Fibromyalgia or the fibromyalgia syndrome (FMS) is a chronic pain disorder characterized by fatigue, muscle pain, tenderness, and sleep difficulties. This syndrome is referred as “soft-tissue rheumatism”. Fibromyalgia is a disorder that intrudes upon the daily life of people and is a worldwide phenomenon. Fibromyalgia might also include other symptoms such as concentration and memory problems, labile mood, depression, anxiety, sleep problems, painful menstrual cramps, and numbness. Because FMS has no relevant organic pathology, it is placed in the realm of medically unexplained physical symptoms. Recent studies are providing early evidence for the use of eye movement desensitization and reprocessing (EMDR) therapy for chronic pain patients. Also, EMDR therapy is being used for other pain conditions, including fibromyalgia. Therefore, the EMDR Fibromyalgia Syndrome Protocol created includes the three-pronged protocol and an in-depth history of the client’s FMS and trauma. More research is needed to support this new protocol.
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- Go to chapter: Thriving Versus Succumbing to Disability: Psychosocial Factors and Positive Psychology
Perhaps the most crucial and significant question rehabilitation researchers have sought to answer over the past several decades is: How is it that some persons with disabilities appear to excel and succeed in life beyond all expectations, whereas others seemingly succumb or yield to the limits imposed by their disabilities and society? This chapter explores the multiple factors that contribute to this dichotomy. It focuses on disability from a salutogenic orientation (focusing on the traits of healthy and successful persons) as opposed to the traditional pathological approach (focusing on the reasons and treatment of those beleaguered with ongoing mental and physical health problems) (Antonovsky, 1987). The chapter briefly explores several of the more common disabling conditions in the United States, specifically substance use disorder (SUD), depression, anxiety, and suicide. It also explores the literature behind positive psychology and also the environmental and social barriers that obstruct wellness.
There are positive and negative aspects of life at every age throughout the life span, and aging is no exception. This chapter presents a more balanced view of older adults’ mental health and cognitive abilities, one that moves away from the stereotypes. It focuses on mental health and cognitive abilities as people age, with a presentation of the many positive characteristics of older adults’ psychological and emotional well-being as well as difficulties some may face, such as depression and dementia. The chapter also describes how personality changes over the life span and how the creative arts can positively impact the lives of older adults. Finally, it discusses factors that can positively and negatively affect older adults’ mental and cognitive abilities. The Practical Application presented at the end of the chapter focuses on unique challenges faced by individuals currently around 80 and above due to mental health stereotypes and stigmas.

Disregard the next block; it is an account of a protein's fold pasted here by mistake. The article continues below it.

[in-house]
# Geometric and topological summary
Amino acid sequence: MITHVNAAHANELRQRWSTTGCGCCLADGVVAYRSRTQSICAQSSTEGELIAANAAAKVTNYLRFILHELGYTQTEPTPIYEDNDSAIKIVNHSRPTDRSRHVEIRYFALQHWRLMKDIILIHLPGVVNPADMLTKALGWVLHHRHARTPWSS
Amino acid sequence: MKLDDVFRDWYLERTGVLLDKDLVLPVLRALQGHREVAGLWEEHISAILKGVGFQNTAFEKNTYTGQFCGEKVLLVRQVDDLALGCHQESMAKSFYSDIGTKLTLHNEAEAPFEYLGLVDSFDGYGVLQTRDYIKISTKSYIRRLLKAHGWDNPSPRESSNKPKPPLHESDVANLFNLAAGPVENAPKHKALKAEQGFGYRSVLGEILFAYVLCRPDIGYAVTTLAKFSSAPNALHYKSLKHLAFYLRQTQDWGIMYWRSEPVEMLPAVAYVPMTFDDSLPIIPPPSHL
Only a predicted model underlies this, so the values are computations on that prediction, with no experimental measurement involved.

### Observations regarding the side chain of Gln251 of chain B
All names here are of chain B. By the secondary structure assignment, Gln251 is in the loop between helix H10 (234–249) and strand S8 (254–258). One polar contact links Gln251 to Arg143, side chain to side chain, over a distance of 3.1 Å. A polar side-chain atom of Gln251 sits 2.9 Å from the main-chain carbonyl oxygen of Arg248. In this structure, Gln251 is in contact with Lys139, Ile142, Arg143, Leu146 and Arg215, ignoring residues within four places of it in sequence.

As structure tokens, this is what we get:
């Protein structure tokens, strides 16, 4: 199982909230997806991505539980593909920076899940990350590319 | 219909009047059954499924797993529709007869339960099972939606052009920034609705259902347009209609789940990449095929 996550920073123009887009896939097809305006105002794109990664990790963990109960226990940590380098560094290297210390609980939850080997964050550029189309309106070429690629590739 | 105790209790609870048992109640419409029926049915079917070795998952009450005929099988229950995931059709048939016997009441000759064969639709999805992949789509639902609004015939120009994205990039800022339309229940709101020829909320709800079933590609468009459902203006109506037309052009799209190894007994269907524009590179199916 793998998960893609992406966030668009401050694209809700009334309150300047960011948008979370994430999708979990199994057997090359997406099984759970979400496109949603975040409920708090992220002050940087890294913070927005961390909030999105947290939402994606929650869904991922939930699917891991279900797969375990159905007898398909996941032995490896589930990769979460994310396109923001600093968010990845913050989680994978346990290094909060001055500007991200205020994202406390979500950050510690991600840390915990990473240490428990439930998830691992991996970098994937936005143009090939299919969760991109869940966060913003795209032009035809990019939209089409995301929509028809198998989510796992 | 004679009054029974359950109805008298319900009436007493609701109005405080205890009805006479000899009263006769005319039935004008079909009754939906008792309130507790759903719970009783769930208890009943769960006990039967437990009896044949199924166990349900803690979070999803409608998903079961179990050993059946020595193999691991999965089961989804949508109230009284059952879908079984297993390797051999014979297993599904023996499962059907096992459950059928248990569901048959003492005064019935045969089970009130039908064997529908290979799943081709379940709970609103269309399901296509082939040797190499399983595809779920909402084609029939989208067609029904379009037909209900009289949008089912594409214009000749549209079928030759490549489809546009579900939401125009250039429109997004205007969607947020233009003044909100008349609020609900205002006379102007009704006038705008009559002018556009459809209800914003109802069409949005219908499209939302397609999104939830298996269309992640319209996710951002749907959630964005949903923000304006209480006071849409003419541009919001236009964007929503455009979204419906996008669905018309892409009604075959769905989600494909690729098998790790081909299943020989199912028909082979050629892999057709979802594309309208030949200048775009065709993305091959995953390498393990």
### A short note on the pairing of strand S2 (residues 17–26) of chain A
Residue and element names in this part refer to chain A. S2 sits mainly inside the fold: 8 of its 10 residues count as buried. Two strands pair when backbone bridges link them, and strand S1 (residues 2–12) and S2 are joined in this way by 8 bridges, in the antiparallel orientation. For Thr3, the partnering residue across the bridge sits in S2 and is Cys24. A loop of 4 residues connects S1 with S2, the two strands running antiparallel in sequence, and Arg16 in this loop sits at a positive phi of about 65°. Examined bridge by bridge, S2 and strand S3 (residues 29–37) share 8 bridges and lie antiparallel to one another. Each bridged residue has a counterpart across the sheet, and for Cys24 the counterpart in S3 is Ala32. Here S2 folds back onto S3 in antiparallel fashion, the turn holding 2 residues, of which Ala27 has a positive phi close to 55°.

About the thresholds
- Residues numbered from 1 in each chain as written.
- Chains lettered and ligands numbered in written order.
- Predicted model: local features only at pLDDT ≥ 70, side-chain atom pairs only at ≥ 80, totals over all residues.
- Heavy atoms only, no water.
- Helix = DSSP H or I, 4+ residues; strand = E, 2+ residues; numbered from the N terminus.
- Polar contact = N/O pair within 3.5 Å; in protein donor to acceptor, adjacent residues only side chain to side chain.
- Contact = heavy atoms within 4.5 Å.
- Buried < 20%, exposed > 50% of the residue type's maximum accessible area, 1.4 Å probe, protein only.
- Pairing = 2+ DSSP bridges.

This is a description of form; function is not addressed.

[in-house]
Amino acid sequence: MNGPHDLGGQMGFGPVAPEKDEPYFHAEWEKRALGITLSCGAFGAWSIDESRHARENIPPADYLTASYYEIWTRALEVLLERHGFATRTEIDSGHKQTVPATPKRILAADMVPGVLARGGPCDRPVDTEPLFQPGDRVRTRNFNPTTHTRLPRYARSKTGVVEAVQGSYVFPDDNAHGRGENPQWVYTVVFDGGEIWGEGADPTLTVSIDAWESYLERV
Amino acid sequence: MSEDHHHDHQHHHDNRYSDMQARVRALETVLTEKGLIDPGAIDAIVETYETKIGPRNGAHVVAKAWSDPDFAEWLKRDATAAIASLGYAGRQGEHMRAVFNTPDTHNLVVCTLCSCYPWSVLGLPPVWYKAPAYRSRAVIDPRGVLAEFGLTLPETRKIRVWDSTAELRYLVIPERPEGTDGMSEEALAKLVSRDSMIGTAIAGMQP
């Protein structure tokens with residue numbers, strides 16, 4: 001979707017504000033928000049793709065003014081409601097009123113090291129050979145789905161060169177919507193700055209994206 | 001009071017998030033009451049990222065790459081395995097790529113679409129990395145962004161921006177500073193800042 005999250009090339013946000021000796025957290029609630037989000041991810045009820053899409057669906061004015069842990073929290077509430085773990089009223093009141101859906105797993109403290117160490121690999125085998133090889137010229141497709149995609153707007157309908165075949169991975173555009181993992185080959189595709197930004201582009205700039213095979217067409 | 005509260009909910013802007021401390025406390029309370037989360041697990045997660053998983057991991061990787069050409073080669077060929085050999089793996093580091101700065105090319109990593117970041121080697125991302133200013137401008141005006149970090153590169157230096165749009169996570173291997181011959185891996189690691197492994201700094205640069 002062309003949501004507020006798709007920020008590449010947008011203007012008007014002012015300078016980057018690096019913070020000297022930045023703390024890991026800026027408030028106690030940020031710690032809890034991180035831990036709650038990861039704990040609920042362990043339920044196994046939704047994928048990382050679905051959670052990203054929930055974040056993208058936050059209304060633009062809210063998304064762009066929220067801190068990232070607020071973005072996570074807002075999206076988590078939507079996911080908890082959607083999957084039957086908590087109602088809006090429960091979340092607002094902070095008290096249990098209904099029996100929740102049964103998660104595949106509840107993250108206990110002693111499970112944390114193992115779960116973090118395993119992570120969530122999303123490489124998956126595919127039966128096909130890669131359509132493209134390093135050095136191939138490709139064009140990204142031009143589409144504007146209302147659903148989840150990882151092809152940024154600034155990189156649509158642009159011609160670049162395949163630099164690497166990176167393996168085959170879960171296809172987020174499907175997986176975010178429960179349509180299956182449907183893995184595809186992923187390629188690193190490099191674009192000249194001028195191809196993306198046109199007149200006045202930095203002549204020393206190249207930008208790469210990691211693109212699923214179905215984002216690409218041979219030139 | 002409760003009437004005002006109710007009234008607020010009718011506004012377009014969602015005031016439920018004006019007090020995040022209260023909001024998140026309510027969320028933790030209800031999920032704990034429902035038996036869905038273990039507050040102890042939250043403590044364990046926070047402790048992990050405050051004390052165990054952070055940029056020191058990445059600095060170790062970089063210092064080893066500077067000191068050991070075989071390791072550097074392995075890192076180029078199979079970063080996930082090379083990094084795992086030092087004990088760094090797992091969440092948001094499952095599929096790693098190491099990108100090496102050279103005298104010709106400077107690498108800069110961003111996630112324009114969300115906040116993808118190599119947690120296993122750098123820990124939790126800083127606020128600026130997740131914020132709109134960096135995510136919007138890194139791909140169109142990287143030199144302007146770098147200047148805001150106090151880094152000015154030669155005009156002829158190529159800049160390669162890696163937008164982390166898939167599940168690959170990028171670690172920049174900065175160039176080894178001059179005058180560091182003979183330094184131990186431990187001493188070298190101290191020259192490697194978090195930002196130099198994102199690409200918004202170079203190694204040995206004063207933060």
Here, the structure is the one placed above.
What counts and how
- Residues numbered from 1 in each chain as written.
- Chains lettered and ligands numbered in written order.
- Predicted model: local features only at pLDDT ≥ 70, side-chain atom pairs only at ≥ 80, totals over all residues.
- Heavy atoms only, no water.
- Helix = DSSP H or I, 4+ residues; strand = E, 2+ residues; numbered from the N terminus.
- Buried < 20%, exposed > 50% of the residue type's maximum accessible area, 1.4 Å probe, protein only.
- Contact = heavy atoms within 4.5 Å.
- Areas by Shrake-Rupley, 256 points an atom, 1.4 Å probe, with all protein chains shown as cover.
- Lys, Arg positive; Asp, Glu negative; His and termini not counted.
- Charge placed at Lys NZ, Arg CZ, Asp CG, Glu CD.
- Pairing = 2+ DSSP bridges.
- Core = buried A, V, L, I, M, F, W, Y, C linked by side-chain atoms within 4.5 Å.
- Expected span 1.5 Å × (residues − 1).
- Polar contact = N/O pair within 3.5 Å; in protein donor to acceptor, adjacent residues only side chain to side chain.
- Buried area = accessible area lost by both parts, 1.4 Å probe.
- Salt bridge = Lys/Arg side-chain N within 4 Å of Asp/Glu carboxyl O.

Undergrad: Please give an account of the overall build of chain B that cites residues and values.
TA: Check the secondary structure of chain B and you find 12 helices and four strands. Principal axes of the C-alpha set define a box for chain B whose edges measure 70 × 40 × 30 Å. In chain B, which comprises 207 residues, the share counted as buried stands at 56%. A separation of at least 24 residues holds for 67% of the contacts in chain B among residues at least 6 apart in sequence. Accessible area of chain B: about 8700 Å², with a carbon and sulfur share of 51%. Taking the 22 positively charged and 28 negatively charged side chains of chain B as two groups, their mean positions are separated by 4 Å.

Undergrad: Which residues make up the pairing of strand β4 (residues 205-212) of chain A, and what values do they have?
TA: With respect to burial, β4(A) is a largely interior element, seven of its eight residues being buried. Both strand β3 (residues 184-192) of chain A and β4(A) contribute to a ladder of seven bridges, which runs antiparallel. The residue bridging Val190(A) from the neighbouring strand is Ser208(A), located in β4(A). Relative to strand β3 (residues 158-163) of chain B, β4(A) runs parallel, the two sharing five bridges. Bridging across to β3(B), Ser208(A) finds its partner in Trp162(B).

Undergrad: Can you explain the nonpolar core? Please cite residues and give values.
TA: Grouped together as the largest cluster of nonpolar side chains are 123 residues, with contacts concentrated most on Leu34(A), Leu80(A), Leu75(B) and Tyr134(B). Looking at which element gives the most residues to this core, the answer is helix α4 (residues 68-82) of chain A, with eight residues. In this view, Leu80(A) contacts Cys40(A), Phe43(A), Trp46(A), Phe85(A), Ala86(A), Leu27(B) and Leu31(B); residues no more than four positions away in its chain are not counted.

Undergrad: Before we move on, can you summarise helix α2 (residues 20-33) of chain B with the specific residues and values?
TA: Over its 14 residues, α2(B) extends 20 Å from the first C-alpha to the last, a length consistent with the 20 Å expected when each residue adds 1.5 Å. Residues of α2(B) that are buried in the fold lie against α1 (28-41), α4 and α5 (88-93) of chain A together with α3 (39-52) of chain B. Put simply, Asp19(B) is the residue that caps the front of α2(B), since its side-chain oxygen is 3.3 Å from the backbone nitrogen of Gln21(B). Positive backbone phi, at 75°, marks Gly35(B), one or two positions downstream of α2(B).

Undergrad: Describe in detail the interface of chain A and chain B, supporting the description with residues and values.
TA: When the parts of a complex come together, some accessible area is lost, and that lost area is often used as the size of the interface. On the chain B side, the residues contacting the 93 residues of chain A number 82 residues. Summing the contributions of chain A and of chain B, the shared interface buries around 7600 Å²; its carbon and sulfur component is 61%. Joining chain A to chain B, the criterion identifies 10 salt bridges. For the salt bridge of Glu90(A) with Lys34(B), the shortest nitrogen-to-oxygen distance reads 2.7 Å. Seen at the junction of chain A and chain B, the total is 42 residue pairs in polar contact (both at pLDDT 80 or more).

Mental health is a multifaceted concept and difficult to define. Clinicians and researchers refer to
DSMguidelines or state how a condition deviates from them. Critics of the guidelines may argue that the number of clinical characteristics that identify a mental illness, and the time parameters that are employed for having these characteristics, are arbitrary. But flawed though they may be, there is no consensus on guidelines that could even be criticized, much less adopted, for the components of mental health. Thus, this chapter attempts to correct this imbalance and reflects a combination of the two perspectives: mental health and mental illness. As is true of most of the literature, the author has organized chapter subheadings largely around mental illness terms and also attempted to focus as much overall attention on mental health content as on mental illness. In addition to examining a topic like depression, the chapter explores life reviews, and in addition to examining Alzheimer’s disease, it explores cognitive stimulation.
Aging and physical vulnerability go hand in hand, so it is not surprising that older adults pay particular attention to what they eat and drink. Dehydration, constipation, hypertension, overweight, and malnourishment are just some of the age-related challenges facing older adults. Nutrition screenings examine characteristics known to be associated with dietary and nutritional problems, in order to identify high-risk individuals. One such screening initiative resulted in the production of a manual that begins with a checklist, “Determine Your Nutritional Health”. The manual includes a variety of screening tools on nutrition and related topics, including body mass index, eating habits, functional status, cognitive status, and depression. Medicare recognizes that not only is obesity a disease, but it is an epidemic in America. By offering free weight-management counseling for older adults, this is a step in the right direction.